EPDs can add value to cattle when used correctly

If a person spends much time in the cattle businesses, they are going to hear the term EPDs.

Expected Progeny Differences are a useful tool for a producer of any size and, when properly utilized, they have the potential to make a big impact on marketing cattle.

What are EPDs?

Simply put, EPDs are an estimate of how a particular bull’s calf will perform in certain traits compared to another animal’s in that particular breed and when bred to similar females, before the mating ever occurs, according to the Nobel Research Institute in Oklahoma. The actual EPD is calculated using information submitted to breed associations and provides a basic representation of the pedigree for that particular bull for a particular trait of interest.

How are EPDs Used?

EPD data aids producers in making appropriate selections when shopping for an animal (or semen or embryo) that meets their production goals. Well before researching EPDs, a producer should have a clear idea of their needs. Are high weaning weights a goal? Calving ease? Milk production and mothering ability? Marbling and carcass quality? Chances are most producers will have all or most of these on their list, plus a few more. That is why it is important to not get bogged down with just one trait when looking at EPDs.

For example, if a producer has two bulls (Bull A and Bull B) to choose from within their chosen breed that will complement their cow herd, and weaning weights (WW) EPDs for Bull A and Bull B are 31 pounds and 46 pounds, respectively, and their accuracies are about the same. What does this mean? It means that, on average, Bull B will sire a calf that will wean, at the same age, 15 pounds heavier than calves sired by Bull A, when bred to a similar set of cows. OK, but is that good or bad?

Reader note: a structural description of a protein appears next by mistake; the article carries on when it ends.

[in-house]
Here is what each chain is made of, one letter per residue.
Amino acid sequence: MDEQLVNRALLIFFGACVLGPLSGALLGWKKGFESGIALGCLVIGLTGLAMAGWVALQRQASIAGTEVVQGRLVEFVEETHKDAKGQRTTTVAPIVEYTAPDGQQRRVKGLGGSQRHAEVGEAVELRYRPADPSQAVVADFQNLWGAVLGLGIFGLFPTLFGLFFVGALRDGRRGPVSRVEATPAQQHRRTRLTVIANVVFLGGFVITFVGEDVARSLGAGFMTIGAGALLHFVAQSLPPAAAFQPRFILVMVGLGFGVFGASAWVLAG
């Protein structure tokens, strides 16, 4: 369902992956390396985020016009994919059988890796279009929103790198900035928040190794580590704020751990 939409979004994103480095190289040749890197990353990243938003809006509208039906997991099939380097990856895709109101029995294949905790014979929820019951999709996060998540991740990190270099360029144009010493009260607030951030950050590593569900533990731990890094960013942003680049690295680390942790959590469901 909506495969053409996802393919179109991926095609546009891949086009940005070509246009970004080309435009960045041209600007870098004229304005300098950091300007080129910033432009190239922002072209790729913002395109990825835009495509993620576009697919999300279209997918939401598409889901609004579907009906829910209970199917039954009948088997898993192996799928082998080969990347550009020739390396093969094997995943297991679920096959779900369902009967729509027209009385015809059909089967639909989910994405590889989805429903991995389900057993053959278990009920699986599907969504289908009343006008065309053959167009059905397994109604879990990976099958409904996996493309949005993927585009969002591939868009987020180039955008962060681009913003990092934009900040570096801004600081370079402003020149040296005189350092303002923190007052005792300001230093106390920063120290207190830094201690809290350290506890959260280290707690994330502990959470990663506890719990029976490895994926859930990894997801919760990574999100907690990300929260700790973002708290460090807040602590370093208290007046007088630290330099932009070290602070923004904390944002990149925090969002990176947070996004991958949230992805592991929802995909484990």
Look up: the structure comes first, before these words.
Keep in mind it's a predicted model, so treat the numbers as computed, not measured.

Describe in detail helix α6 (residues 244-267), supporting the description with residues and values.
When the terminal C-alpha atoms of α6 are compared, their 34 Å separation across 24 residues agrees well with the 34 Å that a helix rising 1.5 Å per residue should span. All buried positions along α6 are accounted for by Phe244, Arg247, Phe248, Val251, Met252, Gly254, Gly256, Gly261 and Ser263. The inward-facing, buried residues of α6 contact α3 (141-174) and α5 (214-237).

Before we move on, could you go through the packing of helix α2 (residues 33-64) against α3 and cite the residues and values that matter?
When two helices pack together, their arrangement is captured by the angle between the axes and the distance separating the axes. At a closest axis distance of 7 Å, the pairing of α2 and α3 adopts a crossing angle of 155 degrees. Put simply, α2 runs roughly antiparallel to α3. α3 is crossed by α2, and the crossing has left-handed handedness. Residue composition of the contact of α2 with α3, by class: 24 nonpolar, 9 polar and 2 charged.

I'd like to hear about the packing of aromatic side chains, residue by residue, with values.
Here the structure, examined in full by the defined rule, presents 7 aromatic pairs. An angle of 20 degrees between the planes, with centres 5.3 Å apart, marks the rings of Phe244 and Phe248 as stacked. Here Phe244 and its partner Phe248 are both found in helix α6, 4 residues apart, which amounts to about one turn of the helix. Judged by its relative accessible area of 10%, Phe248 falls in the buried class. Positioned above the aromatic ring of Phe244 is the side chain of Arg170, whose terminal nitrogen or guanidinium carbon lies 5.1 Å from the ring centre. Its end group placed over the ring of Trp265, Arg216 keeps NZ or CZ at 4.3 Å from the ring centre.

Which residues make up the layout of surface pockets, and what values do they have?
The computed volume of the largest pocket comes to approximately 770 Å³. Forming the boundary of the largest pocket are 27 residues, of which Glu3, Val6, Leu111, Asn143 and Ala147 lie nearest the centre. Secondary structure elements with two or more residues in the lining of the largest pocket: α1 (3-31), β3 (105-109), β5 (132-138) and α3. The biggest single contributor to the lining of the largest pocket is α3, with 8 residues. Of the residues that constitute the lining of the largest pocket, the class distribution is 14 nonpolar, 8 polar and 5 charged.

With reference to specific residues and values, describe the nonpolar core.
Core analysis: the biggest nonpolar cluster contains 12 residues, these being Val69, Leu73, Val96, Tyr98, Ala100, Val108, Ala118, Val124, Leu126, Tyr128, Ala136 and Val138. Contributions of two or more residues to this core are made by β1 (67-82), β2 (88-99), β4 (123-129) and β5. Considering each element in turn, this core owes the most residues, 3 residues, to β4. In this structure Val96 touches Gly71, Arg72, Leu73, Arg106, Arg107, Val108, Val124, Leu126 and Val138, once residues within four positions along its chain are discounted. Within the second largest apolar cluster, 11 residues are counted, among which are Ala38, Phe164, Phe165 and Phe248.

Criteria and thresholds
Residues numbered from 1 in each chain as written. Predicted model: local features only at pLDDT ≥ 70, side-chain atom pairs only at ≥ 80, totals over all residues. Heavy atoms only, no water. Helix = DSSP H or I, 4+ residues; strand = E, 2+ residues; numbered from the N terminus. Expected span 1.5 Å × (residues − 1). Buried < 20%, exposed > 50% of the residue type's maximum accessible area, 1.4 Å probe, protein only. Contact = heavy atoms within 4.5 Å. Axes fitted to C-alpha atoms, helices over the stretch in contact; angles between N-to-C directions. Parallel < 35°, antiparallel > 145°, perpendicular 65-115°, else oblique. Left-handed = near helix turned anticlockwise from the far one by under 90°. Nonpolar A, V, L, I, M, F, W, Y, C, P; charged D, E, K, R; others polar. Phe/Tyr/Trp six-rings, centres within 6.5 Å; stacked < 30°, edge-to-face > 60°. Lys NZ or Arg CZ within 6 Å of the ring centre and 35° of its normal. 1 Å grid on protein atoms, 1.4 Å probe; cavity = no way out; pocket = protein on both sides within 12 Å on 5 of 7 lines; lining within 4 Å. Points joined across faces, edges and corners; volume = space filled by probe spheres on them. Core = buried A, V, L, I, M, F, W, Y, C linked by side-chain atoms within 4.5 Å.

In order to answer that question, you need another very important piece of information, which is the percentile breakdown charts found in the sire summary for your breed of choice. This chart allows you to look at the breed as a whole and determine where an individual’s EPD fits within the breed.

Bull B, for example, is in the top 10 percent for weaning weight within the breed, so Bull B should be the bull of choice, but is he? Perhaps not, because only one trait is in question.

To avoid extremes in any one trait, be aware of, and comfortable with, all of a bull’s EPDs that are important to you before making the purchase.

Using EPDs for Marketing

EPDs can aid producers in getting a higher price for their bulls by attracting committed buyers who are consciously working on improving their herd. The use of EPDs also allows producers to participate in programs and special sales that emphasize genetic quality.

Genetic testing in females is also desirable to many producers and can help marketing efforts.

University of Missouri Extension Livestock Field Specialist Eldon Cole said genomically-tested females often sell above average.

The feeder cattle market also benefits from EPDs.

“Several breeds and producer groups sell feeder cattle and require the calves are sired by bulls meeting certain EPD requirements for growth and carcass traits. Most of these special programs encourage the use of artificial insemination using high accuracy bulls,” Cole said.

While some producers might be a bit wary of using EPDs, they truly are a useful tool in the long run, and many other producers are willing to invest where those results are present.


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